Preliminary study

Starting with the hypothesis that people’s font preferences can point to more effective fonts, we first designed and validated a method to determine a participant’s preferred font using pairwise comparisons. We recruited 60 participants (ages: 18-55, 51% female) from university mailing lists, usertesting.com, and Amazon Mechanical Turk.

Guiding questions:

  • Which are the highly-rated fonts?
  • What factors influence font preference?
  • Do people have similar preferences?

Take-aways:

  • Noto Sans is a top-rated font across participants.
  • Effective font size influences font preference.
  • Font preference is not driven by familiarity.
  • Participants vary in their preferences for fonts.

Font normalization study

Not all fonts are created equal. The preliminary study showed font size drove font preference. While prior work proposes to normalize font sizes according to a particular attribute (e.g., x-height), here we take a crowdsourced approach to finding the attribute, per font, that perceptually normalizes its size the best.
Take-aways:
  • Effective font sizes vary significantly across fonts.
  • The method to normalize a font’s size is font-specific.

How do we assess human perception for font size?

Taking Times at 16 px as our reference font, we computed three new font sizes for each font in our set, corresponding to matching the reference in each of x-height, height, or width. We recruited 60 participants ranging from professional designers to crowdworkers.

Normalized font sizes


Font study across a large population

The motivation of the present study was to determine whether people are most effective at reading in the fonts that they prefer, after controlling for font size and reading comprehension. To answer this question, we ran experiments on hundreds of participants on Amazon's Mechanical Turk.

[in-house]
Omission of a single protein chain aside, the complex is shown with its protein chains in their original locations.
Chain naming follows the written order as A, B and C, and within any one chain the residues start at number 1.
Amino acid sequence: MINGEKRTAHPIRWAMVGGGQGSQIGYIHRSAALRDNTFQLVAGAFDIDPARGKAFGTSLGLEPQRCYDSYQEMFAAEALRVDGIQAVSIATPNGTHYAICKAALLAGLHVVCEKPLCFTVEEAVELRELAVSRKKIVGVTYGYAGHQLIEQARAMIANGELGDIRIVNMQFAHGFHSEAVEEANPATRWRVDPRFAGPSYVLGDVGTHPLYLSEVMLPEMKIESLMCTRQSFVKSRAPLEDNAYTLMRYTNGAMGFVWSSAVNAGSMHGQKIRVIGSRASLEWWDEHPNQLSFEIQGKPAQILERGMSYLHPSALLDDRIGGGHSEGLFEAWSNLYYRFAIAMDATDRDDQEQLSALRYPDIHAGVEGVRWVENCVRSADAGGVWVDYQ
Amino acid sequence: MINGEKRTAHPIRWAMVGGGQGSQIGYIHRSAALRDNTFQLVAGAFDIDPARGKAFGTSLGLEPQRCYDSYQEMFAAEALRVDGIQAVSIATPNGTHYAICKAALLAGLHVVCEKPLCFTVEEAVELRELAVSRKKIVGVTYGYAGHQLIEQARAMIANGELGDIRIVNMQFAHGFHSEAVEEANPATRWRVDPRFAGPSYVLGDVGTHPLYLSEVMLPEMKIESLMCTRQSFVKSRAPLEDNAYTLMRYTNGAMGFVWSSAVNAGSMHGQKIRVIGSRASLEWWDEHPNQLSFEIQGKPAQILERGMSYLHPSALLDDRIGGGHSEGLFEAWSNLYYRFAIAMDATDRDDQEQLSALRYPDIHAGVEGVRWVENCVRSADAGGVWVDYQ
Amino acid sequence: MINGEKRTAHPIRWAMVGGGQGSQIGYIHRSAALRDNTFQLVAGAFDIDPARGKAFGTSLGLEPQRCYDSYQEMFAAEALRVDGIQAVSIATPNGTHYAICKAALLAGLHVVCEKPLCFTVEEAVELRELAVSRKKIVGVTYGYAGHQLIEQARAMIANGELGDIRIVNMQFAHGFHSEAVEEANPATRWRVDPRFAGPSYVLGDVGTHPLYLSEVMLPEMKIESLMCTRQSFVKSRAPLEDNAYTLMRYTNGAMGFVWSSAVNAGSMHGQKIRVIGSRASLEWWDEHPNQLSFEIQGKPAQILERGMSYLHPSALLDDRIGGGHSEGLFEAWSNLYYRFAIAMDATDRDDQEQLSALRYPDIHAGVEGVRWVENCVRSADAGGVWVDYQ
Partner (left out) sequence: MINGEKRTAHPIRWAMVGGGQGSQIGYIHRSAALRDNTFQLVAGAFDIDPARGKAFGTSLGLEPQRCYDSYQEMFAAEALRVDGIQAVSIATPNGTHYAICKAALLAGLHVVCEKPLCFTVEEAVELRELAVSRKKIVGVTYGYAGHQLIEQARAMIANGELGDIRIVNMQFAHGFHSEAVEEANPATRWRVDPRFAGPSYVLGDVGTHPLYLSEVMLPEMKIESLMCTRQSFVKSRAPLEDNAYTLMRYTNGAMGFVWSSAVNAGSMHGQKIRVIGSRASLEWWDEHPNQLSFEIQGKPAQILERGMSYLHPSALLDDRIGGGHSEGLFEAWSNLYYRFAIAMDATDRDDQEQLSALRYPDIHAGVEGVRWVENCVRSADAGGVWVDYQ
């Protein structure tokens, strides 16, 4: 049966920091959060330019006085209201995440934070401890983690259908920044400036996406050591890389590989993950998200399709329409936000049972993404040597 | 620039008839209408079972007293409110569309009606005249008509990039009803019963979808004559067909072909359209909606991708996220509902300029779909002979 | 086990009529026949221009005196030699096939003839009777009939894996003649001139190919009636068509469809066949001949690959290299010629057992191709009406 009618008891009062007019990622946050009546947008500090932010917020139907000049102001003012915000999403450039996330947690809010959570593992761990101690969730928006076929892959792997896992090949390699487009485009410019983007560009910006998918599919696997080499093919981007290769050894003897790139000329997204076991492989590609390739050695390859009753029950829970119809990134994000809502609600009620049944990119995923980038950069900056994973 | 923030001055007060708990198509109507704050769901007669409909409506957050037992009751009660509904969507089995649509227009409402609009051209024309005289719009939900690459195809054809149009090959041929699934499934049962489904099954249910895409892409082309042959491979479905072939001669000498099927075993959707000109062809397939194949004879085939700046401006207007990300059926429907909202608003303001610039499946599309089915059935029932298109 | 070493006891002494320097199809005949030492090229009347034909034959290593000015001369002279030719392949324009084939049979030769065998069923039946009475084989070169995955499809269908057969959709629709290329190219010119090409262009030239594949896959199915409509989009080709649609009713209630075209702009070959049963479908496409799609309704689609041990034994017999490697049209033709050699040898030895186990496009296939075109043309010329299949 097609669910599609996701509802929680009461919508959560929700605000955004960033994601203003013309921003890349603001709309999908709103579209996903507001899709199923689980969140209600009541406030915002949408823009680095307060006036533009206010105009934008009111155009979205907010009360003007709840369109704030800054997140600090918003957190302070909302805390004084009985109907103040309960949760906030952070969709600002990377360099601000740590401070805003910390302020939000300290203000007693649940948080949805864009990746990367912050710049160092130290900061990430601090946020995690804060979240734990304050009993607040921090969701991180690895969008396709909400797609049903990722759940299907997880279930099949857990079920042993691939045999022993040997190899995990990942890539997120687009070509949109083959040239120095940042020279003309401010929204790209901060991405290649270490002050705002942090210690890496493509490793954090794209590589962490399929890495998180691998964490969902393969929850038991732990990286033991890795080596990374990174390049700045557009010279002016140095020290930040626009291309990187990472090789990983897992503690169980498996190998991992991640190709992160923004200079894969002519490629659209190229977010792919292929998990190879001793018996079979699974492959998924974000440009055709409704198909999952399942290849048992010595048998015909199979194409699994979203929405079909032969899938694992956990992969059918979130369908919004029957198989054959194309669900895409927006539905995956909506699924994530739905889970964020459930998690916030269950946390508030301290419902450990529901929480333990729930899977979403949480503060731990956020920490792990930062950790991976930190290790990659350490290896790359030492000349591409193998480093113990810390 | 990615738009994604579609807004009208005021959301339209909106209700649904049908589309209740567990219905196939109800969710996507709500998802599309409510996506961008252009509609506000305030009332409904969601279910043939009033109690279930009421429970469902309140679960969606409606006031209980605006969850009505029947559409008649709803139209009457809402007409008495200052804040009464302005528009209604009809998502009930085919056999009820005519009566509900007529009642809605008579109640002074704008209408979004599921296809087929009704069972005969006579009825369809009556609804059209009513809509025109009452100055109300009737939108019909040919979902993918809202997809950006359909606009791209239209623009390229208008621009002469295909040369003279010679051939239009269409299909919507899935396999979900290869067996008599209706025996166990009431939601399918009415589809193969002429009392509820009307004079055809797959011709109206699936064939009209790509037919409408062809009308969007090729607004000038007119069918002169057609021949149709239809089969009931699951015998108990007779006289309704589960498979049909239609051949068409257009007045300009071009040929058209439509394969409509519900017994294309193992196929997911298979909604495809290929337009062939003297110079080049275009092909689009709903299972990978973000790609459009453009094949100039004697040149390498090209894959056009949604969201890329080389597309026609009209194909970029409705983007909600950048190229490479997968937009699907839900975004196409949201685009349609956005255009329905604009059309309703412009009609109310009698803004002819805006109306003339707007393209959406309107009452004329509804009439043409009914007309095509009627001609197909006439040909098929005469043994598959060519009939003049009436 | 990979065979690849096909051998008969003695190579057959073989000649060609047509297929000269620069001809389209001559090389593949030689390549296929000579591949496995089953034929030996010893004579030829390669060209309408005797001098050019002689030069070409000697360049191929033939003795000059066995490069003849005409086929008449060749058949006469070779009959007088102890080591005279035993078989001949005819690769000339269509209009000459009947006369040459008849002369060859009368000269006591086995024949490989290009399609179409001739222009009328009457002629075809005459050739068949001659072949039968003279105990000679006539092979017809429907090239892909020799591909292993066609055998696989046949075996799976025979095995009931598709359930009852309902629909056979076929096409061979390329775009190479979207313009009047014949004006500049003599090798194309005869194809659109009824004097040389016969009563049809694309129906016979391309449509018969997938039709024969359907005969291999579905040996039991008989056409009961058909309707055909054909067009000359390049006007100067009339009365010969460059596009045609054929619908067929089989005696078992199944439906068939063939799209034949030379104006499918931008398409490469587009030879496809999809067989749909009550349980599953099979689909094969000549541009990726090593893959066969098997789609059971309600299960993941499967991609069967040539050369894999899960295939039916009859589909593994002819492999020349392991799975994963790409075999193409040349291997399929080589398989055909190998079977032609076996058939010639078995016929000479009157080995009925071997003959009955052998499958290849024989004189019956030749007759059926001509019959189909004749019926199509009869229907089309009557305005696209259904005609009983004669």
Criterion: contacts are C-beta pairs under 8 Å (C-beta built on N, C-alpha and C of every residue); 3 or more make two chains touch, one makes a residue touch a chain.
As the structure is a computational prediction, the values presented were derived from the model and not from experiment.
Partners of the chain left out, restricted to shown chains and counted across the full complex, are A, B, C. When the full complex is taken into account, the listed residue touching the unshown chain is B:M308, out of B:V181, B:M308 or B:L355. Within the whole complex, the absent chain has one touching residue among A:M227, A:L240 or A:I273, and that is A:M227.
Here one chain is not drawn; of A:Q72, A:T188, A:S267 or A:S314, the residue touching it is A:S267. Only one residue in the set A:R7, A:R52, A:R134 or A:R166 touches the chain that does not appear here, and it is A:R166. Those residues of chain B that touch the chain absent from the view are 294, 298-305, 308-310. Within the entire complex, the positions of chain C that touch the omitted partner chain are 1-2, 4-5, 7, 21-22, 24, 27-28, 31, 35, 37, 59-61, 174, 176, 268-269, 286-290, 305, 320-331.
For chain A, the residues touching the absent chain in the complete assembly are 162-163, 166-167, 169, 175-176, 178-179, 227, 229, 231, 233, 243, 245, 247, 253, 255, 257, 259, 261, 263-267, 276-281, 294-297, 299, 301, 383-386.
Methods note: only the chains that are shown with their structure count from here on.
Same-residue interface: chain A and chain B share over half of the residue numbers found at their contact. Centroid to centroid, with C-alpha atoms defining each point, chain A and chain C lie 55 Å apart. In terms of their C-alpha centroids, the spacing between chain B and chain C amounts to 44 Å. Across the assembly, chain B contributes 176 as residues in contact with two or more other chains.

Guiding questions:

  • Which are the highly rated fonts (controlled for font size)?
  • Is people's preferred font their most effective font?
  • What gains in reading are achievable by font choice?

Study description

  • 386 participants from Amazon’s Mechanical Turk (ages: 18-71, 46% female) out of 500 participants initially recruited.
  • Study design: 34 minutes, including (1) pre-survey, (2) preference test, (3) effectiveness test, (4) post-survey.
  • Preference test: toggle interface to compare pairs of fonts in a double-elimination tournament until a single font emerges as a winner.
  • Effectiveness test: read 10 short passages (69-93 words each) in 5 different fonts, while WPM (reading speed) was tracked along with with a comprehension test (2 multiple choice questions) after each passage.

Variables accounted for...

  • Reading speed: outliers removed; all measurements are within 100-650 WPM range [2]
  • Comprehension: outliers removed; all comprehension scores in the 71-100% range.
  • None/minor effects of content (familiarity, interestingness, fiction/non-fiction) on reading speed and comprehension.
  • Take-away: Font familiarity does not affect font preference or effectiveness.

Results

(Sortable Heatmap Table: green: top 5 and red: bottom 5 per column)

Font Most
Preferred
Win
Rate
Average
Elo Rating
Disagr-
eement
Font
Familiarity
WPM Speed
Rank
StDev
WPM
Reading
Comp.
Noto Sans 56 62% 1639 90 1.89 272 48% 108 91%
Times 56 58% 1596 115 2.50 277 50% 108 91%
Avenir Next 41 54% 1554 97 1.74 264 45% 106 93%
Helvetica 36 59% 1608 87 2.22 283 50% 102 89%
Calibri 35 55% 1573 90 2.34 276 56% 102 92%
Garamond 34 52% 1543 103 1.90 310 48% 120 91%
Arial 33 57% 1591 86 2.40 270 47% 103 93%
Open Sans 19 56% 1585 77 2.03 255 54% 91 90%
Roboto 14 53% 1556 84 1.83 268 47% 106 94%
Montserrat 13 42% 1451 90 1.77 271 57% 109 87%
Utopia 13 44% 1464 105 1.81 274 48% 116 86%
Avant Garde 11 38% 1398 104 1.83 261 29% 90 94%
Oswald 10 16% 1154 127 1.70 295 58% 99 89%
Lato 6 49% 1519 72 1.73 293 54% 99 91%
Poynter Gothic 5 44% 1473 78 1.82 265 52% 97 93%
Franklin Gothic 4 27% 1296 87 1.79 270 56% 107 89%

Preference is personal

  • Noto Sans and Times were the most preferred across all participants.
  • Noto Sans also had the highest win rate and the highest average Elo Rating.
  • Each of the 16 fonts was chosen as a favorite font by at least 4 participants.